Since then, she and I have criss-crossed the globe with my work, flying the equivalent of four times around the world. In some places I have had the fantastic support of friends, and I have consistently received the indispensable help of strangers, too. City-based assignments have been the most fun and probably the easiest: New York, Hong Kong, Johannesburg, Moscow, Bangkok, Monaco and Doha. There was the long road-trip from London to the Swiss Alps, and back again; an overnight cruise on a rice-barge in Thailand; sub-zero weather in Lapland, and sailing in a regatta off Sardinia.
New York City (AP)
For most of our journeys, it has been just the two of us but when Mara was 18 months-old, my partner was able to take time off his work and we had a family holiday backpacking through Vietnam.
We started in Hanoi and had no fixed plans nor reservations (except for our flights from Ho Chi Minh City back home to London). It felt intrepid, incredibly romantic and full of possibility. Like we might never return.
Each day, we tried to keep a balance by doing something for Mara and something for ourselves. For example, the first day we explored Hanoi’s old town by foot, and then went to a traditional water puppet show for Mara. We ate on the street, and Mara gobbled up fried rice and spring rolls. After dark, we strolled around Hoan Kiem Lake and made friends with local kids. Mara must have had her photograph taken a hundred times.
We adopted this same laidback rhythm throughout the trip, which I think was the reason it was so easygoing. We all adored the overnight train to the former imperial capital, Hue. Mara loved watching the world trundle past our window; showing our tickets to the conductor; flirting with fellow passengers and sleeping on a bunk.
In Hue, we packed a picnic and wandered around the ancient ruins of the royal palace. Mara played among the fallen stones, chased chickens and sat in the shade of a banyan tree. In Hoi An, we spent an afternoon at An Bang beach before exploring the markets, old merchants’ houses and eateries of this charming port.
In our final destination, Ho Chi Minh City, we visited the city’s excellent museums and wandered around its colonial buildings. Then we headed to the riverside park. There was a toddler, the same size as Mara, sitting on a flattened cardboard box while his mother was a way off trying to sell cold sodas to tourists. As he sat there, crying, Mara joined him and would not let us lead her away until his mother returned.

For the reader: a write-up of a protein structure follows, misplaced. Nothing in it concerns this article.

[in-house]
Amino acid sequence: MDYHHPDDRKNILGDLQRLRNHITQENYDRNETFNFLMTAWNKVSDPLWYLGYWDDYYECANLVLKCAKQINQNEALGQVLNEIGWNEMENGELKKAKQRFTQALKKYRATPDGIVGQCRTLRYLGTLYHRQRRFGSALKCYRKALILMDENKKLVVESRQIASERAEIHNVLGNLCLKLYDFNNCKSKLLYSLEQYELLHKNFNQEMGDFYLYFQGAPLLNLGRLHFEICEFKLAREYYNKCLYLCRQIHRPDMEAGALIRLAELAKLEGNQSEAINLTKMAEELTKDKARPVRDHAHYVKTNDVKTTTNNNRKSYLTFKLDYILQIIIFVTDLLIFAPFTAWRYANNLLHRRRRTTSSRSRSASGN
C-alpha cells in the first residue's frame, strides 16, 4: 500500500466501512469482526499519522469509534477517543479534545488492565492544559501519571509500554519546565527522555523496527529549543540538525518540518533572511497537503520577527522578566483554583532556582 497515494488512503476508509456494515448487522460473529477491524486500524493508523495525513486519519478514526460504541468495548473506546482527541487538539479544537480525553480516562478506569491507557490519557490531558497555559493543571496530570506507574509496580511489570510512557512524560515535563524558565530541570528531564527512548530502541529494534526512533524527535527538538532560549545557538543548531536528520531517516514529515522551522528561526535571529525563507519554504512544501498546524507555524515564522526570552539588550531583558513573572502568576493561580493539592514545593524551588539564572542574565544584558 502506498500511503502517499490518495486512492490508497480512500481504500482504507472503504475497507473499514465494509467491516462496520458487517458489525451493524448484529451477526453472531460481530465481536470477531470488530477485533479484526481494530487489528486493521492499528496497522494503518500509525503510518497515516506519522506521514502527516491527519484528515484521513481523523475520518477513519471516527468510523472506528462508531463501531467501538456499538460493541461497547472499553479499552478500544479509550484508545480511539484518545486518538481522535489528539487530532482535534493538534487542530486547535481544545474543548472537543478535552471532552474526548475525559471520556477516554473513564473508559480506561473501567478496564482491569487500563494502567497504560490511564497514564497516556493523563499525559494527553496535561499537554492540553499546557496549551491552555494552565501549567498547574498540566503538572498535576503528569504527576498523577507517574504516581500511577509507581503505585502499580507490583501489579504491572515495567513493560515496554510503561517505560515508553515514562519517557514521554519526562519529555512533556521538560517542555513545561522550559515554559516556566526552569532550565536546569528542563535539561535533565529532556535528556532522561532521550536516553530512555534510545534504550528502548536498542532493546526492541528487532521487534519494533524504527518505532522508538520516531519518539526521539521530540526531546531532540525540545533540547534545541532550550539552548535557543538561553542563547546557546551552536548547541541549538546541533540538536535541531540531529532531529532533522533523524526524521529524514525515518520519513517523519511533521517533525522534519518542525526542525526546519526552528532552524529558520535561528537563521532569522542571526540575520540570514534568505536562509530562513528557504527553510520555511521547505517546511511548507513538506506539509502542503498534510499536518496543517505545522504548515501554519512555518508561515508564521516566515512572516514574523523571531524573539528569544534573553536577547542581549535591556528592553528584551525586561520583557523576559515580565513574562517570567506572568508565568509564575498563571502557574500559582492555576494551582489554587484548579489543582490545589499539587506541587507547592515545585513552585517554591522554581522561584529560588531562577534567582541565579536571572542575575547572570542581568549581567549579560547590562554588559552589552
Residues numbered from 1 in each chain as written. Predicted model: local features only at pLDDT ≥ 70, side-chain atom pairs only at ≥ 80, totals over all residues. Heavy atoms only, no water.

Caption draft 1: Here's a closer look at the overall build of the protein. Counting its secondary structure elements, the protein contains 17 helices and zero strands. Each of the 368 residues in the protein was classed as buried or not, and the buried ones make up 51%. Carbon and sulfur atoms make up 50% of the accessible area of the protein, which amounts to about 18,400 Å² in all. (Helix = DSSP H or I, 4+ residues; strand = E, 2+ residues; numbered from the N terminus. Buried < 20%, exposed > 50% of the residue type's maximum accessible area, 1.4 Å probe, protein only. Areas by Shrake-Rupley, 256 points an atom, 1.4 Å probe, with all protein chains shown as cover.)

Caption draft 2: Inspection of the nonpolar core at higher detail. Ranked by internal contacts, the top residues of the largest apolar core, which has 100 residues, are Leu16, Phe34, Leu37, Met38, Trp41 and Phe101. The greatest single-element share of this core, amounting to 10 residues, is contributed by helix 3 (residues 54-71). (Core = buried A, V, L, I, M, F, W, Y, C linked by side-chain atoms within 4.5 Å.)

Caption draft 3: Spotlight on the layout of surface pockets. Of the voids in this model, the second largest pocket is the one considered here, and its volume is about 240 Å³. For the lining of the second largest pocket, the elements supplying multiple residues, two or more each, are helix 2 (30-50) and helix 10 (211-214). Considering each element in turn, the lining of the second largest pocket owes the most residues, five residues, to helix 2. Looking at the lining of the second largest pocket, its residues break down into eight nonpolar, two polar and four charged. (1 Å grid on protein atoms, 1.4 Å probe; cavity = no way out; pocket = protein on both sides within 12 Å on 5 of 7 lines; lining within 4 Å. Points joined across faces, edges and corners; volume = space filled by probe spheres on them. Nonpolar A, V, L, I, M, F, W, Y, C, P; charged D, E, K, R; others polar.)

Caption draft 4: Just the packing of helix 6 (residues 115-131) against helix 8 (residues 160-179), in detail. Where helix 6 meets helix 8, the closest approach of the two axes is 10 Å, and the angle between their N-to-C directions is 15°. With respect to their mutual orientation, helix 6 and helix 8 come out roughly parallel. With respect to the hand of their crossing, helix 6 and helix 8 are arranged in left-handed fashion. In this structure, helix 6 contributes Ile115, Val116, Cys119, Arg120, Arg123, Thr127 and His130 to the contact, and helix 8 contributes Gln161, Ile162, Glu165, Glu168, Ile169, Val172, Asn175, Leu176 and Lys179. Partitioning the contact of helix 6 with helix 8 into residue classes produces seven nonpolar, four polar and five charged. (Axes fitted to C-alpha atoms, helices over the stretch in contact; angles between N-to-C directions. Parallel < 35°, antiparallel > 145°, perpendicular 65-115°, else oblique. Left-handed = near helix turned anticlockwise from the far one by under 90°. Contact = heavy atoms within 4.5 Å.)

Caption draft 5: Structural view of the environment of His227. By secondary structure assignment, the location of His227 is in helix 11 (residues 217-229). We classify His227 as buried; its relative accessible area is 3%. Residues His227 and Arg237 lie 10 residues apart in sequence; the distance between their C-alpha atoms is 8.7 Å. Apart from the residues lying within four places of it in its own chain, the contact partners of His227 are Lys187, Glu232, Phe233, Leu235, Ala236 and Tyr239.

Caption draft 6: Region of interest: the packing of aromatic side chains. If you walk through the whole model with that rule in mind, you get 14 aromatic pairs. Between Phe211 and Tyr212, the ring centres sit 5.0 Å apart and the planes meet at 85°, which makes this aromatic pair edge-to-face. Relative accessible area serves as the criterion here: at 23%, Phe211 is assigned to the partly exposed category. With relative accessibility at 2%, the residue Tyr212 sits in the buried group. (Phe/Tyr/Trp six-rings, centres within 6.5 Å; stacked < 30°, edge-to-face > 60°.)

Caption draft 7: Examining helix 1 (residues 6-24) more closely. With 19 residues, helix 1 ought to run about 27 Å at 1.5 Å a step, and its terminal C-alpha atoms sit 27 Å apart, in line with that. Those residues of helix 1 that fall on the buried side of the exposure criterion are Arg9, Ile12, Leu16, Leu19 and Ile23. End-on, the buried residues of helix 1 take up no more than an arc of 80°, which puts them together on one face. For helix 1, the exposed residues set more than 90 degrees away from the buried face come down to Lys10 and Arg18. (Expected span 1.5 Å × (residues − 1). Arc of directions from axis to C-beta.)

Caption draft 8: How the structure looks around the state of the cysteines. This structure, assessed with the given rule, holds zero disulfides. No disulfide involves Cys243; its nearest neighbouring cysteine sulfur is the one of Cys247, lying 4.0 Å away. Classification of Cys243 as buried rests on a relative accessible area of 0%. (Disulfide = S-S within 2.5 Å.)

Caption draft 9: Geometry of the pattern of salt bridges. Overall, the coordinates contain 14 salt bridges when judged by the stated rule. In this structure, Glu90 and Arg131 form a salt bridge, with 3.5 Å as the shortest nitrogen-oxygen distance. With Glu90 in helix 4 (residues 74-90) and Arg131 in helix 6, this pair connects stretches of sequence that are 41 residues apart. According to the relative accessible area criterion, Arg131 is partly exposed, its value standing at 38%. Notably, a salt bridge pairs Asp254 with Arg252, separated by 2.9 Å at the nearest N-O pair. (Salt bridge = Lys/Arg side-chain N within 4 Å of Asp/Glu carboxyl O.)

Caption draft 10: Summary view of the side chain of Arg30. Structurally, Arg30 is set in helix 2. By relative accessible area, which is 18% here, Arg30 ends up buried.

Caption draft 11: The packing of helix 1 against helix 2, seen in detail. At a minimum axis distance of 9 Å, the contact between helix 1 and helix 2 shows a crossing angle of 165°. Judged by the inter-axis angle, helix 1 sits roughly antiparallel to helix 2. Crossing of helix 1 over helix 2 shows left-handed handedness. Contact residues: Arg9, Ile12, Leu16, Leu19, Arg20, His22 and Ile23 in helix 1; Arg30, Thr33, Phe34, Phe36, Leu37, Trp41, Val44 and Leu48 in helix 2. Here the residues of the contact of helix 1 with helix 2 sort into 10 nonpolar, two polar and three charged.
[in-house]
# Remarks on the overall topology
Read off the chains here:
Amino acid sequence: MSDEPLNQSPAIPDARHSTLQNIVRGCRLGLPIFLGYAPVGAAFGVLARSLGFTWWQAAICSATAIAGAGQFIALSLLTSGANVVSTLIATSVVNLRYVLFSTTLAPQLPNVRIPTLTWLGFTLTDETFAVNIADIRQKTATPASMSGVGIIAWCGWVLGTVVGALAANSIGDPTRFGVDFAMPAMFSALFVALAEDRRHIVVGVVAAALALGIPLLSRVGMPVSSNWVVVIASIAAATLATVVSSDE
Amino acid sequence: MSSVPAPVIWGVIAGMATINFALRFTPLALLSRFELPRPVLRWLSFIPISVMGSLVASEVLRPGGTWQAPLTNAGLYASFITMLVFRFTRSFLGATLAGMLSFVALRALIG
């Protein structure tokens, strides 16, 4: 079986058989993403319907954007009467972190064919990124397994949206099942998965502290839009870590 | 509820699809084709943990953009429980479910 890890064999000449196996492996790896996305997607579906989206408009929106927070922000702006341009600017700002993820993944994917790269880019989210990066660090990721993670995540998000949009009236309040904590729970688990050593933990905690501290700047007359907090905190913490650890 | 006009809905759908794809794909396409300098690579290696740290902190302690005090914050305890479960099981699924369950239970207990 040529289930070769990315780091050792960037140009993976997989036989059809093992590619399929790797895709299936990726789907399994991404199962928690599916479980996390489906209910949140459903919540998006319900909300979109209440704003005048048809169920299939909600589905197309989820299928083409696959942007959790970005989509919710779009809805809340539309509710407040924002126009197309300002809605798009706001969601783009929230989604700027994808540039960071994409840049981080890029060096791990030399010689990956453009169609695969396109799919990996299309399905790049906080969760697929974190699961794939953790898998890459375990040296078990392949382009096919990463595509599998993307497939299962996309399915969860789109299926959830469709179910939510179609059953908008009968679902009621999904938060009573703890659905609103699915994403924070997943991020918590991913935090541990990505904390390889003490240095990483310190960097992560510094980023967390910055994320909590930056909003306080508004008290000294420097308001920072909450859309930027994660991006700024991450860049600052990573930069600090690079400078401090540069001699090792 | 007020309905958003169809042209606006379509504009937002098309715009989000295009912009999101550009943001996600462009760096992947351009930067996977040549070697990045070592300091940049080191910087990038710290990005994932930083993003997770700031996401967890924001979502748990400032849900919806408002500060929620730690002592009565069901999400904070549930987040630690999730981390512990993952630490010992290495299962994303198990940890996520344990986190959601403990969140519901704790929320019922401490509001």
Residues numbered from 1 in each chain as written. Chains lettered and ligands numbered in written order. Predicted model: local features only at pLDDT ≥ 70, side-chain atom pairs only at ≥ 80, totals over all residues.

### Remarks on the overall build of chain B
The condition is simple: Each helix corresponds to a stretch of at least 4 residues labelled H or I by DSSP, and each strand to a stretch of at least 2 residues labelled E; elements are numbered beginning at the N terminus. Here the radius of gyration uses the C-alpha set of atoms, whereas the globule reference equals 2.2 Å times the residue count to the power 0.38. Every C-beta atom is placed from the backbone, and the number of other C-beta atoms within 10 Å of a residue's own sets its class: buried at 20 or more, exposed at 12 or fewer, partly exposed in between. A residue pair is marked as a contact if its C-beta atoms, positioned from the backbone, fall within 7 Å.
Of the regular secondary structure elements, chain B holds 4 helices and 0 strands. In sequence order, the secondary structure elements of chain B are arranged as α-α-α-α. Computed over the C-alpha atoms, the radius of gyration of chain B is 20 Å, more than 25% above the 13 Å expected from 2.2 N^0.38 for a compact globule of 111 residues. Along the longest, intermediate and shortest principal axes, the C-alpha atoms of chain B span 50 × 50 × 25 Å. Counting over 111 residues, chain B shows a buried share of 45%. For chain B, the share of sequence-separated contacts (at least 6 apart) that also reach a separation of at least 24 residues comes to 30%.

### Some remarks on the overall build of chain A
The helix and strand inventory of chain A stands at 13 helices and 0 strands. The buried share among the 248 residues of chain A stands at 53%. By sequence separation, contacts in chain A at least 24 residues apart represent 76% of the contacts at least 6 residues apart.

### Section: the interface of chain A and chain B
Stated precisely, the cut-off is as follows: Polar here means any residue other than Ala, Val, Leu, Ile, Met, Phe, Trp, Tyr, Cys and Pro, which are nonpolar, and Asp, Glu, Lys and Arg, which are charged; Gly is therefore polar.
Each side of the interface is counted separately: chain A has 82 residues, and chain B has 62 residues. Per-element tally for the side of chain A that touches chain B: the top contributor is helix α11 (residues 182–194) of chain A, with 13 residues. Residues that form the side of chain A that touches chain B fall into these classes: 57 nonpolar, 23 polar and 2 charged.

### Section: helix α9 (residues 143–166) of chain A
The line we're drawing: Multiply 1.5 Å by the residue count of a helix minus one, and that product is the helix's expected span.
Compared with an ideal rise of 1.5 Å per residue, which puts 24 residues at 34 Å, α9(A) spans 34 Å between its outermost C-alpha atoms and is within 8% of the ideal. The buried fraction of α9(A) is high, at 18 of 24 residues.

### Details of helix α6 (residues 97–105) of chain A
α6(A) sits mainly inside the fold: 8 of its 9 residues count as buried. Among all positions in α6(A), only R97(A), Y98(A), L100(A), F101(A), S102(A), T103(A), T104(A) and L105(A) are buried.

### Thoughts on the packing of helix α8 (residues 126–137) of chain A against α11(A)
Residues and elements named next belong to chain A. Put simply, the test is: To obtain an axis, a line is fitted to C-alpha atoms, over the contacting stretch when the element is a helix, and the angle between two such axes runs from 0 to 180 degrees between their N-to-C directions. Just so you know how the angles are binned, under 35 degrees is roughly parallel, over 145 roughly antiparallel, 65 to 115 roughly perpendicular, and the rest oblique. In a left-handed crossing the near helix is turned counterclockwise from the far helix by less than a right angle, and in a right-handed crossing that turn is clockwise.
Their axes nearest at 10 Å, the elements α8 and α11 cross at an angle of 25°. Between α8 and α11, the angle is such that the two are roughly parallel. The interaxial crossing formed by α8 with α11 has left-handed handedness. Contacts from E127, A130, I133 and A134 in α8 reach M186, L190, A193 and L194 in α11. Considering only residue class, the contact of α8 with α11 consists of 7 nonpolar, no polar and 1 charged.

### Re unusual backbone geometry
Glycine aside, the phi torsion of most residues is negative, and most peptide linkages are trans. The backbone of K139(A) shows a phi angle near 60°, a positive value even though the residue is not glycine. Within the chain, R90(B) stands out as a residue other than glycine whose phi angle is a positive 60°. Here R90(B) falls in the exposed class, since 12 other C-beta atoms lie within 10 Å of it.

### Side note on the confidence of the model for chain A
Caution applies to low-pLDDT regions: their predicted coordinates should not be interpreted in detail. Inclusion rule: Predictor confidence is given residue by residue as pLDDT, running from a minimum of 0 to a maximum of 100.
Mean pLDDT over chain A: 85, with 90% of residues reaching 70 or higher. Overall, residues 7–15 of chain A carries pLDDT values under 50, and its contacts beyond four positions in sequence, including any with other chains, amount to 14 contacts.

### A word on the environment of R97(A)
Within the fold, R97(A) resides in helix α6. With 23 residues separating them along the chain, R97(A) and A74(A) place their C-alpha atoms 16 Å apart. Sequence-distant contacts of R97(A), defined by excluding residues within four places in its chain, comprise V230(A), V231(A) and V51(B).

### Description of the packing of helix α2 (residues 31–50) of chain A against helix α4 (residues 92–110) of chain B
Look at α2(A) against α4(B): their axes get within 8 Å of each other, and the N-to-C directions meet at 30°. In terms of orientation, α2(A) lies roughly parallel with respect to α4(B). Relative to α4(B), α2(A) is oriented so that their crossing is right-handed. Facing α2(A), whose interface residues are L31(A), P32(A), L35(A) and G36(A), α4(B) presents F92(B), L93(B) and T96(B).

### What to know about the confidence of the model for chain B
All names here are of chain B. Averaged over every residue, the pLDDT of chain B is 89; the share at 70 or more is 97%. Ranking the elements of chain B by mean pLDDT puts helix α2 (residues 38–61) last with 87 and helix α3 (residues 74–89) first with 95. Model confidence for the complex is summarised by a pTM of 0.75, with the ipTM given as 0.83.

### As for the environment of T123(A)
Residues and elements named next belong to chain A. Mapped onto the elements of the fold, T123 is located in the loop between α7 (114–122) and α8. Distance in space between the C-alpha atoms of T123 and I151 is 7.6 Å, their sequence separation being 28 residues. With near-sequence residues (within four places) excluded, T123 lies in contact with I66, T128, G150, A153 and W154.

The most tender moment of the trip was in the War Remnants Museum (documenting the Vietnam War). By the gift shop was a group of severely disabled men making costume jewellery. One had no eyes; another had no arms; another had no limbs at all. Mara, of course, could not understand the sign above their heads, which read: 'Victims of Agent Orange’. She bounded up to them and watched in wonder as they threaded beads with their toes. When the blind man started to play an electric piano, she danced. She cheerfully called out “bye-bye” to her new friends as we headed into the first gallery.
Ho Chi Minh City (AP)
I think the trick to this trip was the go-slow less-is-more pace. We learned that backpacking is an especially fun and immersive way to travel as a family and relatively cheap, too. We stayed in a mix of hostels and airbnb.com apartments that cost an average of £12 a night, which allowed much more exchange with locals. The Vietnamese could not have been more generous hosts and Mara was regularly given gifts, from bottles of water to salty crackers to bunches of lychee. Because I was visibly pregnant with a second baby, there were also endless offers of food for me, and assistance to carry my backpack. I have become keenly aware how children are celebrated in most cultures, as are expectant mothers.
Of course, the trips have not always been plain sailing but neither is life at home in London. I would argue it is easier to be away with Mara, free on the road, than juggling commitments and budgets and pressures back home. Her 50 flights to date may be a testament to that.
Still, the criticism can be hard to hear: “Poor Mara, it is not very fair on her, is it?”; “Tut, tut; exposing her to all those funny diseases just because you want to carry on with your career”; “Children like routine and familiarity, you will have trouble with her later in life”. I confess some lines can touch a raw nerve: “You will kill her desire for travel with all these trips”; “She’ll get sick one of these days and then you will regret it”; “You may be able to do it with one, but not when you have two”.
Many working parents hear sentiments like these and some may turn out to be true. I am not trying to raise a global nomad, only to spend time with Mara while trying to make a living. If she turns out to be a confident traveller, an adventurous eater, aware of the differences in how children are raised, and eager to learn more about the world, that is a bonus. She may of course choose to become a grey-faced desk-bound accountant, as one friend warned me.